Friday

20th Oct 2017

Merkel: Countries will not be kicked out of eurozone

  • Merkel and Van Rompuy have ruled out expelling Greece from the eurozone (Photo: Council)

German Chancellor Angela Merkel has said that kicking countries out of the eurozone is excluded as an option, but that Greece must impose the austerity and restructuring measures that are a condition of the bail-out, or Athens will not receive its latest tranche of rescue funds.

EU Council President Herman Van Rompuy meanwhile has said that still further political pressure needs to be applied to Greece and Italy to slash their debt levels.

Thank you for reading EUobserver!

Subscribe now for a 30 day free trial.

  1. €150 per year
  2. or €15 per month
  3. Cancel anytime

EUobserver is an independent, not-for-profit news organization that publishes daily news reports, analysis, and investigations from Brussels and the EU member states. We are an indispensable news source for anyone who wants to know what is going on in the EU.

We are mainly funded by advertising and subscription revenues. As advertising revenues are falling fast, we depend on subscription revenues to support our journalism.

For group, corporate or student subscriptions, please contact us. See also our full Terms of Use.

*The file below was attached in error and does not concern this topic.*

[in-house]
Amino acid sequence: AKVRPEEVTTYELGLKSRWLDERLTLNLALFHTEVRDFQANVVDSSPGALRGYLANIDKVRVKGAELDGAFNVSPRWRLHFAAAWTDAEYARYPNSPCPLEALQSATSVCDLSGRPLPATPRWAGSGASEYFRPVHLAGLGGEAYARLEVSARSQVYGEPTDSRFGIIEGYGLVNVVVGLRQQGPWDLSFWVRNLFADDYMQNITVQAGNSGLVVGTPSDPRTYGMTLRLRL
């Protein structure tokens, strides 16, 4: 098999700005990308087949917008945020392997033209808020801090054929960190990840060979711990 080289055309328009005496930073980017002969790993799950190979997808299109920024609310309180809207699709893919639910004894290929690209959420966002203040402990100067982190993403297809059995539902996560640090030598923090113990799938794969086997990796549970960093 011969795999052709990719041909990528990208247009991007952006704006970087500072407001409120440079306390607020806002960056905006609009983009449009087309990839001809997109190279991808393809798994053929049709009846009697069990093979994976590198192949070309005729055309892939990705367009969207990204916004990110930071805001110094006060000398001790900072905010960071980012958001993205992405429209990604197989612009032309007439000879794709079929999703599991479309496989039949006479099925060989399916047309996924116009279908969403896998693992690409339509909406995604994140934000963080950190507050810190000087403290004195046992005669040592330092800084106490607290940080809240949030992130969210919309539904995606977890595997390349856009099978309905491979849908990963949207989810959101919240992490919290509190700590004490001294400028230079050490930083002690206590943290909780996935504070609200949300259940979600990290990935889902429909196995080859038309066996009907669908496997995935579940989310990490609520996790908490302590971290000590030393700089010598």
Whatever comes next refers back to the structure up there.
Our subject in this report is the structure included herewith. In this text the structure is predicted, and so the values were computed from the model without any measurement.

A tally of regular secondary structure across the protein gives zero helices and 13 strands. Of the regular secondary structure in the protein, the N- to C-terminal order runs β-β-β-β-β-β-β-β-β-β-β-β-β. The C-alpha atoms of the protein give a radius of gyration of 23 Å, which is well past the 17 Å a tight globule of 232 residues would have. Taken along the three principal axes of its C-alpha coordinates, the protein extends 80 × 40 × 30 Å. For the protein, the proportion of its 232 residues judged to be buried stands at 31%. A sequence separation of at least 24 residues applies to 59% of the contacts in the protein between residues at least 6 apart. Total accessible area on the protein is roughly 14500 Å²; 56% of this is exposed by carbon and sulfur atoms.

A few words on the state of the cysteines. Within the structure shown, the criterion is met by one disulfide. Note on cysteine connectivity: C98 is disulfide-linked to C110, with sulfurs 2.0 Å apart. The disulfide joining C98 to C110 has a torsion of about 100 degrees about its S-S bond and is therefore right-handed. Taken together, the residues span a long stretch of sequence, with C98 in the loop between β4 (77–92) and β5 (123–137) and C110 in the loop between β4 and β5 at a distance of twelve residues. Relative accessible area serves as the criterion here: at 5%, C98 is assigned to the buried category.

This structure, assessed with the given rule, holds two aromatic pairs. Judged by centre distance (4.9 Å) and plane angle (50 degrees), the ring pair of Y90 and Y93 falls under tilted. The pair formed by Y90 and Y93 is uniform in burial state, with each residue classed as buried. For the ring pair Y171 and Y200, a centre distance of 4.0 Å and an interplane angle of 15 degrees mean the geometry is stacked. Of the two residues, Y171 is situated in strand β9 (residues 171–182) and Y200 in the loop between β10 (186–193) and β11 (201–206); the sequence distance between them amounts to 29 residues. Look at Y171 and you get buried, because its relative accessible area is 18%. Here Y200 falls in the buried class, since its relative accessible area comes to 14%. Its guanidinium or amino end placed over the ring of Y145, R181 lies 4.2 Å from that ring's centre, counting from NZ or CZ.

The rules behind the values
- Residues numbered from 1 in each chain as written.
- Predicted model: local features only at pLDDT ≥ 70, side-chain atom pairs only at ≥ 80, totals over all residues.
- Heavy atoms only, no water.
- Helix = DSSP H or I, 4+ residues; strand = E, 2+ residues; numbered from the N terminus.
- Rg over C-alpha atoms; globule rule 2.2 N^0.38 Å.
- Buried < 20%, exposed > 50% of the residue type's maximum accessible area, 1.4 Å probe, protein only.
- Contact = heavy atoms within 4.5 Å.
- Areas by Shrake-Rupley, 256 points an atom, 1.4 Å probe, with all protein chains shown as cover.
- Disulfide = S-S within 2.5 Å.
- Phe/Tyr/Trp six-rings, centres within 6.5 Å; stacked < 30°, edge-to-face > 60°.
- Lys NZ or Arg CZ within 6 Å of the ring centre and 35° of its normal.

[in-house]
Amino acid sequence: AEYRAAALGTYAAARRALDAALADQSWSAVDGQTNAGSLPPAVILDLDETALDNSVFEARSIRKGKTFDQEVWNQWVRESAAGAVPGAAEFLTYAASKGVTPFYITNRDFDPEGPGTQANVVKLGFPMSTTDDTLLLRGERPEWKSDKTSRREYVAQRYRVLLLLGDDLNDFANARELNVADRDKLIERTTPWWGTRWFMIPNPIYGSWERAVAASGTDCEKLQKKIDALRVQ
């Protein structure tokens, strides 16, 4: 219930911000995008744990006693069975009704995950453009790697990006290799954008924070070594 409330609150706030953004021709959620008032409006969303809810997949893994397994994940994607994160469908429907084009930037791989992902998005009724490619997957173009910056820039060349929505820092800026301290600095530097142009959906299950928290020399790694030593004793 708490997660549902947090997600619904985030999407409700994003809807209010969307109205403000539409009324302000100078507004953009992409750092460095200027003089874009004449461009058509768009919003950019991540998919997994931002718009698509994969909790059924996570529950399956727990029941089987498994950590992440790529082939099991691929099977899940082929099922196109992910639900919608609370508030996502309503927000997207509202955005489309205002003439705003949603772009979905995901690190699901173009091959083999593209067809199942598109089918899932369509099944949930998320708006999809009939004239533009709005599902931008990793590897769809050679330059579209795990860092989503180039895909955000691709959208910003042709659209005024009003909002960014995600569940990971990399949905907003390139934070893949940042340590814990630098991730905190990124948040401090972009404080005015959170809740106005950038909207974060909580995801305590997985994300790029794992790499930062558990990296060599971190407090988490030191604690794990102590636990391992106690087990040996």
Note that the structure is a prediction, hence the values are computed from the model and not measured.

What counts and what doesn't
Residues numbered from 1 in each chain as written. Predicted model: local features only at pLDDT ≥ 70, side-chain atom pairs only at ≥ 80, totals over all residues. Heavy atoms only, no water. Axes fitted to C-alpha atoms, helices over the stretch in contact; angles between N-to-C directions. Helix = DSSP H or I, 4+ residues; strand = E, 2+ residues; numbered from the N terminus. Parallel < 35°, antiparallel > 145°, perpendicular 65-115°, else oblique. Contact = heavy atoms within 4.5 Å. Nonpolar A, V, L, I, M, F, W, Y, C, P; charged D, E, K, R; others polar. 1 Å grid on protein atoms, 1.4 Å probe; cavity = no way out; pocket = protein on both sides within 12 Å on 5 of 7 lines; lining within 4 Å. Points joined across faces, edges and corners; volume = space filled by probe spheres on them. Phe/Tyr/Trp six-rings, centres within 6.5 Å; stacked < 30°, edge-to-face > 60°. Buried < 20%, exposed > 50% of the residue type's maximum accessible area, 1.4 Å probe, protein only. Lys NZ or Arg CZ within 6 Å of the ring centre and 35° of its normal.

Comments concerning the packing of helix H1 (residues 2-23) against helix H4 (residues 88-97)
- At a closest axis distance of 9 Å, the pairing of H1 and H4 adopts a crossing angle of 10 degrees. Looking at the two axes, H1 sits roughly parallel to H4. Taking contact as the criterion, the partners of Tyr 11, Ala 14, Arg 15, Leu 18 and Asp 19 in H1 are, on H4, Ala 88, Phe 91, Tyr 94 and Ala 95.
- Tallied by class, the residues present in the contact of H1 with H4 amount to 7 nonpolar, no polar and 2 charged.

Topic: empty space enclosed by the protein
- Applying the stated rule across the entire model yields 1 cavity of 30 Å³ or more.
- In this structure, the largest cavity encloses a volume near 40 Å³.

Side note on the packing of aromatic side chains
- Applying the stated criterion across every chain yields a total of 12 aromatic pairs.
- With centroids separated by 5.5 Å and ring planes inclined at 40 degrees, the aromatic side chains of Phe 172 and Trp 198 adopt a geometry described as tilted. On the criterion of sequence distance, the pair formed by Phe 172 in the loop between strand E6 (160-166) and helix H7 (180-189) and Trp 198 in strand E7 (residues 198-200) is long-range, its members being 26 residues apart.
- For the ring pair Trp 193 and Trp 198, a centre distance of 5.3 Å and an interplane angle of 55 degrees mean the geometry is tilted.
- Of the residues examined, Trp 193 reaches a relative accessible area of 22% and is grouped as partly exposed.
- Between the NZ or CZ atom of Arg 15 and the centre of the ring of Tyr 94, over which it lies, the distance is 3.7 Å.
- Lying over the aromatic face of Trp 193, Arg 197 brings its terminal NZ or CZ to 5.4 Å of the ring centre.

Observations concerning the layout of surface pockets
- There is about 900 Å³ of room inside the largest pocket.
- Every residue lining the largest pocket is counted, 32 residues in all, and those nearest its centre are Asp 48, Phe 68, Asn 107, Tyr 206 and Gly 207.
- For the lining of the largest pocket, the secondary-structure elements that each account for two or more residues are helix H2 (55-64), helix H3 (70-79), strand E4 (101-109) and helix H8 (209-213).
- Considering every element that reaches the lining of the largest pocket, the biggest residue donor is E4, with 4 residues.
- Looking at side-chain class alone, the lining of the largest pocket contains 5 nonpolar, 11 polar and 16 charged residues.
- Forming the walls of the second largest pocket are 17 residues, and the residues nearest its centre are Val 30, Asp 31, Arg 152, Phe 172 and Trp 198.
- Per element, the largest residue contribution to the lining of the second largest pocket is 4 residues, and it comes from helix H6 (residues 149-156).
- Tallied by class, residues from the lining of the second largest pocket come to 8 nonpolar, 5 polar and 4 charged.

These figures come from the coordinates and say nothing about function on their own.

If you already have an account click here to login.

The German leader’s comments were made privately to her parliamentary colleagues, according to Berlin-based reports. Merkel described the situation in Greece and Italy as “fragile,” according to the Irish Times.

“I’m not even considering the possibility because I think we would start a domino effect that would be extremely dangerous for our currency system,” the paper quotes her as saying.

Instead, the path out of the crisis is austerity and deeper fiscal integration of eurozone states, she said, according to officials.

Heading into a meeting with the chancellor Monday evening, EU Council President Herman Van Rompuy echoed Merkel’s comments, saying that the political screws should be tightened still further on Greece and Italy.

“Financial markets see that there are still problems in the execution of plans in Greece and Italy,” he said. “Europe must increase pressure on those countries in order for them to implement the plans they put together.”

He also said that kicking Greece out of the eurozone would “cause more problems than solutions”.